The film documents when Chinese auto glass manufacturer Fuyao bought a former General Motors plant in Dayton, Ohio, and reopened it with Chinese and American employees working together.

It was the first documentary released by Barack and Michelle Obama’s production company, Higher Ground, and was released by Netflix last year. Jeff Reichert said he has not met the Obamas yet.

“We were pretty surprised when we met with Netflix,” said Jeff Reichert, who added China doesn’t allow Netflix in the country. He said he’d heard that hundreds of thousands of people in China have seen “American Factory” through pirated copies of the documentary.

“It is sparking a conversation,” Jeff Reichert said. “There is no physical DVD of the film.”

Jeff Reichert was in London on Sunday for the British Academy of Film and Television Arts, where “American Factory” did not win for best documentary.

Besides the Oscar, “American Factory” has been nominated for best documentary by the Film Independent Spirit Awards. Jeff Reichert will attend Saturday in Santa Monica, California.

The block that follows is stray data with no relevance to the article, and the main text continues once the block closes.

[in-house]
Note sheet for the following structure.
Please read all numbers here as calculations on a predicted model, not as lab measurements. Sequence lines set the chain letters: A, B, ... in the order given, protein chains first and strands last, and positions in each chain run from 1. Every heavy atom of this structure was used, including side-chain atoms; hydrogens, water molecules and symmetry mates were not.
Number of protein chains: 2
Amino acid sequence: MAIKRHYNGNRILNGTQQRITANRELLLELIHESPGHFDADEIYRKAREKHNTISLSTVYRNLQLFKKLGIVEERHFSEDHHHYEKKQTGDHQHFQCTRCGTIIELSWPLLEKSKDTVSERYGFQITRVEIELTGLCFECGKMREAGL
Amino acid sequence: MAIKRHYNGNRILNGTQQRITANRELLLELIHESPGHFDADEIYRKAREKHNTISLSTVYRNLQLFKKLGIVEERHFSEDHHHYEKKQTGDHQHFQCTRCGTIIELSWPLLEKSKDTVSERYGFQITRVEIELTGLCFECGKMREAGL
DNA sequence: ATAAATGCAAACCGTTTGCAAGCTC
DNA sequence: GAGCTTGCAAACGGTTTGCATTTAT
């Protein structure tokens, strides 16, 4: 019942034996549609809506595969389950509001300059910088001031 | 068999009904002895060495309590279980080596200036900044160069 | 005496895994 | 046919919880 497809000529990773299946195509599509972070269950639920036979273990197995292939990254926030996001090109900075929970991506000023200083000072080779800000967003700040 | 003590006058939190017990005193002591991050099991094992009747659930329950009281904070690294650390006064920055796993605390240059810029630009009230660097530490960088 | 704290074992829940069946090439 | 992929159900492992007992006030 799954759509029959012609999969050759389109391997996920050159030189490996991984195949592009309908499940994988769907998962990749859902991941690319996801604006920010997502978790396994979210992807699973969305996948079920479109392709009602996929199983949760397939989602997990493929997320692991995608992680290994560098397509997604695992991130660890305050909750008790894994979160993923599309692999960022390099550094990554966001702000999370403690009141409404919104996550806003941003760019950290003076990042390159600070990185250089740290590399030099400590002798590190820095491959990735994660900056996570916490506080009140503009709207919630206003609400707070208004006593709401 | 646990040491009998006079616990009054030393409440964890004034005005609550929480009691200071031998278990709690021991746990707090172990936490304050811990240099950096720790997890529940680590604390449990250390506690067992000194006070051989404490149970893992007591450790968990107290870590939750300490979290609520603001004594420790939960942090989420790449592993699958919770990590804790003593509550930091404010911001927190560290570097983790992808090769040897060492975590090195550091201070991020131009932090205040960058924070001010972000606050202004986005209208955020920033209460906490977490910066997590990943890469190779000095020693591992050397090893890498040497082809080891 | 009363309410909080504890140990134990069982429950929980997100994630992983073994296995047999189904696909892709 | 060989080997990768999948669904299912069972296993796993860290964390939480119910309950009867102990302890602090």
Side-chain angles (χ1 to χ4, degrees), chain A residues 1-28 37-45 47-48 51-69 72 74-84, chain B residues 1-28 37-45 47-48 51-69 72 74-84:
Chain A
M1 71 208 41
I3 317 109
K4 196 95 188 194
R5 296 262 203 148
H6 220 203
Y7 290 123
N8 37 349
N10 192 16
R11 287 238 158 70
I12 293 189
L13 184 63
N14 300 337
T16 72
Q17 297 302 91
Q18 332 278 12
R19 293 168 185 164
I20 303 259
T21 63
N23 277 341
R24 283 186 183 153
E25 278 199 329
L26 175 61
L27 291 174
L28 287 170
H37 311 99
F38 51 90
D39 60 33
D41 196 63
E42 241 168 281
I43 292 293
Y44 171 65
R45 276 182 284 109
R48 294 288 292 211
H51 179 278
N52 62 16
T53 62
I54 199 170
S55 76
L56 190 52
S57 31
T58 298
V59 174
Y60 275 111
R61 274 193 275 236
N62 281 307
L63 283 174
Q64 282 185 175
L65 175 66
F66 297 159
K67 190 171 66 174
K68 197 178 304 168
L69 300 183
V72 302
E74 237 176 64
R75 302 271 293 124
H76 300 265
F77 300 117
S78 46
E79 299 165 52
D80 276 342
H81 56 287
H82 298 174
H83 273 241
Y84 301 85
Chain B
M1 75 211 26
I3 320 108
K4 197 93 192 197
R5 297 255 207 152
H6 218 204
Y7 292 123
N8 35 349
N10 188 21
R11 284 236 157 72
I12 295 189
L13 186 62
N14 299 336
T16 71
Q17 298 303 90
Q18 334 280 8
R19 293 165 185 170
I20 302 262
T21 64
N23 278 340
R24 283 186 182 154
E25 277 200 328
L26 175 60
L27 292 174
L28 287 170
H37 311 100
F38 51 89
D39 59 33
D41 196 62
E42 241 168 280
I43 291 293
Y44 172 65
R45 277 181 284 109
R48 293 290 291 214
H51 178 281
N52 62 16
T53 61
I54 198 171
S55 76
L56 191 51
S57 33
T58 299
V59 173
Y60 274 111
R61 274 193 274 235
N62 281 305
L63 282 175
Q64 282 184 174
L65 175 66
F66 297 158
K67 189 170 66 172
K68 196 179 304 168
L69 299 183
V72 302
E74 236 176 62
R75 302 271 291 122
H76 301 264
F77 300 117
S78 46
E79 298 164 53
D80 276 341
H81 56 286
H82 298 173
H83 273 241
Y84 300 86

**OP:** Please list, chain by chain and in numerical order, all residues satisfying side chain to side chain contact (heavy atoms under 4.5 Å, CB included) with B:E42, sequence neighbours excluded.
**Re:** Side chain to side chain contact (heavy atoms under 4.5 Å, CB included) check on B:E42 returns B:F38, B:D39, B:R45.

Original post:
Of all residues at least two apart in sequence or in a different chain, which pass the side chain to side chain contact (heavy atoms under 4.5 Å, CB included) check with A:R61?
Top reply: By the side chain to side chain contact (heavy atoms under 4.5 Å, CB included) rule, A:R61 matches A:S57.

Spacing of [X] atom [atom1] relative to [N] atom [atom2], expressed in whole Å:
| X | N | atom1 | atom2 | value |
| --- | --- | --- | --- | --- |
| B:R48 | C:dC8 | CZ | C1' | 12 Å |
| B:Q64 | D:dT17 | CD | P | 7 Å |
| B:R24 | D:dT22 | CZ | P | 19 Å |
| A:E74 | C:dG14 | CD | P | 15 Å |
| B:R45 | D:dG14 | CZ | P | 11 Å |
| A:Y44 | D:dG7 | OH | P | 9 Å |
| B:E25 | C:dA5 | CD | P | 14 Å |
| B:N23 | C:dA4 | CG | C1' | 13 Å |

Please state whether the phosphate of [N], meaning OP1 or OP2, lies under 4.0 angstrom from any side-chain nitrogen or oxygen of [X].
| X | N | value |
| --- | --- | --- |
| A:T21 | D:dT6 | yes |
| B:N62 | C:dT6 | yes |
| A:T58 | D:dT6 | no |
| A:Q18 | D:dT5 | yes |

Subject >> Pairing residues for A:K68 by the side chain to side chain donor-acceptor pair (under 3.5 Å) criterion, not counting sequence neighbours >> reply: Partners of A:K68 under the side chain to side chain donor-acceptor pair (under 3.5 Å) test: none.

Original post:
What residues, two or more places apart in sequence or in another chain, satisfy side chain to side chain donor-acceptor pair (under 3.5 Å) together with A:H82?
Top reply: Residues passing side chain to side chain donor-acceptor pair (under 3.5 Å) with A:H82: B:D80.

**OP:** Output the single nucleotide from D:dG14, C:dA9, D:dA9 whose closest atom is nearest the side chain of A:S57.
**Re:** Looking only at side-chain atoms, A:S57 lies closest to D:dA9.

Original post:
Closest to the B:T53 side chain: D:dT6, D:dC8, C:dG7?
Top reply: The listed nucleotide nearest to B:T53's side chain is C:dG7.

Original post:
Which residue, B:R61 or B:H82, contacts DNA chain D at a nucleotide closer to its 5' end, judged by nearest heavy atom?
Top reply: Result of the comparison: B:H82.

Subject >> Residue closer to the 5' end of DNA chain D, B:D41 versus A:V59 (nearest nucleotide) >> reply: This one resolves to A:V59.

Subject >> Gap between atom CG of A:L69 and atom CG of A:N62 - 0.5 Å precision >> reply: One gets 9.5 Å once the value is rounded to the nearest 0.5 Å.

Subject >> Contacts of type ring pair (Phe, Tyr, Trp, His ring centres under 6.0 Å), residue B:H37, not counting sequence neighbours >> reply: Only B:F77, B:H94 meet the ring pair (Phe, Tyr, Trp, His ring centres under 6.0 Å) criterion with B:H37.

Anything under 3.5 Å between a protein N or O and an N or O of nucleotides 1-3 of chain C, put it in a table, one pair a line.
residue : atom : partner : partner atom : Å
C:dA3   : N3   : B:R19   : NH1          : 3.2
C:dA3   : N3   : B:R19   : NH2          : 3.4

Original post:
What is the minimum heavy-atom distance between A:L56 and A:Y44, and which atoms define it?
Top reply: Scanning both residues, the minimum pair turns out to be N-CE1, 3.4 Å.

“American Factory” won the Critics Choice Award for best political documentary and outstanding directorial achievement in documentary from the Directors Guild of America.

This is Jeff Reichert’s first Academy Award documentary nomination, but it is Julia Reichert’s fourth best documentary feature nomination. On “American Factory,” Jeff Reichert is a cinematographer as well as a producer. Julia Reichert is a co-director and a cinematographer as well as a producer.

Jeff Reichert said the documentary happened because Fuyao gave his aunt and Bognar complete editorial control and access. “American Factory” took Jeff Reichert to China for close to two weeks of filming.

“I was following multiple people. We were really autonomous,” said Jeff Reichert, who added some days only one or two cinematographers worked while on others five of them worked, such as the day of the plant’s grand opening in Ohio. “We were around a lot. We became part of the furniture.”

Sometimes, Jeff Reichert started his workday at 5:30 a.m., so he could ride to work with his subjects and spend the next eight hours with them at their job.